by robert calton
Over the course of this time period, clothing styles changed to reflect the ideals of the emerging republic. Ancient Greece was seen as a democratic model politically, but in art, architecture and fashion, many things from ancient Greece had become fashionable as well. Gowns became narrower, shoulders were sloped and waists became higher. They became more streamlined and had less lace, frills, and ruffles. The oval was a popular form in art, architecture and fashion. With all sharp angles hidden (such as shoulders and elbows), a woman's profile resembled a slender oval from head to toe. Although women did still wear corsets stiffened with whalebone to insure good posture, undergarments were less restricting than they had been or would be by the 1850's. Women's high fashion reminds one today of statues of Greek goddesses. For the most part, the ideal look was light, airy and uncomplicated. Women's clothing also reflected social expectations. Men perceived women as being vulnerable, frail, and in need of protection. High fashion, affordable to upper and middle class women, made physical exertion (suitable only for males) difficult with narrow gowns and sleeve designs, which made it impossible for a woman to raise her arms much higher than her shoulders.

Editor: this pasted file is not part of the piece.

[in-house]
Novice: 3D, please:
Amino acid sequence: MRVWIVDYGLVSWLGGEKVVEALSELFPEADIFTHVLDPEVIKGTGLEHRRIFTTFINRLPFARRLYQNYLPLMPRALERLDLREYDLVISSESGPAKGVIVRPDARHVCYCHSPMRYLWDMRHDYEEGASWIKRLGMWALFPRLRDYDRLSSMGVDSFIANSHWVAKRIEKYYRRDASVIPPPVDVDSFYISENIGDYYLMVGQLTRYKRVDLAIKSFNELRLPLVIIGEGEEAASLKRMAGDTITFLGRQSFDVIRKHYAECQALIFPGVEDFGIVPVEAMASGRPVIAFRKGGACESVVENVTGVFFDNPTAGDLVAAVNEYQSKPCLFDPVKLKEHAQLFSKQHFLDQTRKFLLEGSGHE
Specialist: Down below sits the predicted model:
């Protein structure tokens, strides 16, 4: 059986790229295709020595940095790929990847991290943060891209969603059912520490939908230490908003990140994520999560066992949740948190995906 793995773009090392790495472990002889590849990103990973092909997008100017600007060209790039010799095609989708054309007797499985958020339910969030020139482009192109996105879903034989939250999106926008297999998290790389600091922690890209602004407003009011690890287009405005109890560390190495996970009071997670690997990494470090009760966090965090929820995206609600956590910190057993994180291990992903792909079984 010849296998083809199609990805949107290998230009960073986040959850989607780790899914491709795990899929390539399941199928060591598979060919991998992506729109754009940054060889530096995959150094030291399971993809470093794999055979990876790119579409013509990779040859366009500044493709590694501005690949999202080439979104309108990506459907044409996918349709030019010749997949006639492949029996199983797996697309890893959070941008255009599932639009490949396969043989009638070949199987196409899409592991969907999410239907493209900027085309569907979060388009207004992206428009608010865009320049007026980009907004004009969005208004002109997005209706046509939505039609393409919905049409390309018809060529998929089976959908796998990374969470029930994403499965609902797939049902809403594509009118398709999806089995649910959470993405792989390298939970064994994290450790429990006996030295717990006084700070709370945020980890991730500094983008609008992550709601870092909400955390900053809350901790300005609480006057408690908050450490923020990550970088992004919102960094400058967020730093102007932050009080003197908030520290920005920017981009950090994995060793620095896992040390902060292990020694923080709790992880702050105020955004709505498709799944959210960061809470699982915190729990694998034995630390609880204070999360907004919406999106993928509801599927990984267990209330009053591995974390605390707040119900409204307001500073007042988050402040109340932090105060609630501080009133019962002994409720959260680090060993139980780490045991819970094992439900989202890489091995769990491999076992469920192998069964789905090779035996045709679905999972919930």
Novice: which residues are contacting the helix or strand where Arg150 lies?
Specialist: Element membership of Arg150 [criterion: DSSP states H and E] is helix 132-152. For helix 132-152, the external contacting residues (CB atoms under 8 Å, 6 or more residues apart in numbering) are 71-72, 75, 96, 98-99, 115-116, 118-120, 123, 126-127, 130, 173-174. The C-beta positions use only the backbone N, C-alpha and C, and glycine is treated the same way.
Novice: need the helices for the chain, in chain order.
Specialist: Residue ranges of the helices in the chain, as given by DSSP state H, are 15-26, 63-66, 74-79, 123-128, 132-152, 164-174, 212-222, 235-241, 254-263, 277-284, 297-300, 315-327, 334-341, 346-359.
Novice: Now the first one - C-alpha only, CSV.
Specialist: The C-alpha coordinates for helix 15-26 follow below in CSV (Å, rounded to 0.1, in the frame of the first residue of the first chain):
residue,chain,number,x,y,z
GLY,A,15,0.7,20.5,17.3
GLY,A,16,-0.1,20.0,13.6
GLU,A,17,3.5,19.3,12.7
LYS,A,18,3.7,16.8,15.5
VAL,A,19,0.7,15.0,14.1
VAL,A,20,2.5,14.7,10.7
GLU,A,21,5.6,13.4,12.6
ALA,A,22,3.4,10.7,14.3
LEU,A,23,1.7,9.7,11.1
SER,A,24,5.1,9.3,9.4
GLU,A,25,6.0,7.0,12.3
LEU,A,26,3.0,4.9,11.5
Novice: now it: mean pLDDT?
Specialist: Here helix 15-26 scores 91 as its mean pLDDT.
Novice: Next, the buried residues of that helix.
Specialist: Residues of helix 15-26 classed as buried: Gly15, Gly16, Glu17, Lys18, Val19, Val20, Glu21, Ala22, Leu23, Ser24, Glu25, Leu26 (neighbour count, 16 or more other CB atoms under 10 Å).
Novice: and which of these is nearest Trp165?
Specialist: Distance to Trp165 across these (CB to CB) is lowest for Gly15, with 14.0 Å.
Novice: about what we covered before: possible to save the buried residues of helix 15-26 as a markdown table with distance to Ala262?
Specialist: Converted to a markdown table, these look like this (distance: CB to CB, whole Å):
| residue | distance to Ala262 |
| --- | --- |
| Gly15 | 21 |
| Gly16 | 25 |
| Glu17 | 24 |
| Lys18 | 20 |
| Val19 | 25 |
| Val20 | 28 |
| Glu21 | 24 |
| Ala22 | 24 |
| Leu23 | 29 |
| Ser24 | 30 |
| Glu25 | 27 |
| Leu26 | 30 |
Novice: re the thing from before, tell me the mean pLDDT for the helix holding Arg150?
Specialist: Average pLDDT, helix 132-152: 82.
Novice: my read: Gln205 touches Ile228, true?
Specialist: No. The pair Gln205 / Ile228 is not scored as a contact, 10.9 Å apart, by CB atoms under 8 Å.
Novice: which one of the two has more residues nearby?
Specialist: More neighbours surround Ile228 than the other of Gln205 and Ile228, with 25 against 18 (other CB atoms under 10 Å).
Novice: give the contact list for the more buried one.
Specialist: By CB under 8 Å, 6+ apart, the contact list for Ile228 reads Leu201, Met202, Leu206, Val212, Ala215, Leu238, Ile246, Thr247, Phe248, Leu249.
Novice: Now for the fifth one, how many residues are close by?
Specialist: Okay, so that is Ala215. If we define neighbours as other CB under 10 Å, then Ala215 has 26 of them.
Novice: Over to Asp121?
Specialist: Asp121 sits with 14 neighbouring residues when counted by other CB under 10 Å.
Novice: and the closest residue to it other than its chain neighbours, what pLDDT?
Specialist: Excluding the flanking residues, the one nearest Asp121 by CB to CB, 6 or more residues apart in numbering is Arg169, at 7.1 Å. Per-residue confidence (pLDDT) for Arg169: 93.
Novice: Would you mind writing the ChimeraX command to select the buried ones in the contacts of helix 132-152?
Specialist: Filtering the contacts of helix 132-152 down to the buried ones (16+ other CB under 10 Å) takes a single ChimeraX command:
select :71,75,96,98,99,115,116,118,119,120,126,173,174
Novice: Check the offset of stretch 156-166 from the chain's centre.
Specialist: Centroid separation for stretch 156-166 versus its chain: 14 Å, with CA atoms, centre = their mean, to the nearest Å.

Men's clothing was tailored and the fashionable clothing fit snugly. The biggest change from earlier times was the abandonment of knee breeches for "pantaloons", which came down to the ankle. Pantaloons buttoned up the front as modern sailor pants do today. Some might be of a knitted fabric, not unlike modern stretch pants. Jackets, sometimes known as "spencers", were high-waisted. Tailcoats were also worn. Shirt collars were stiff with starch and were worn upright with a kerchief or cravat tied around the neck.
For the most part, children dressed the same as adults. Until about the age of 6, a boy was usually put in a dress. He might also sometimes wear a "skeleton suit," a one-piece...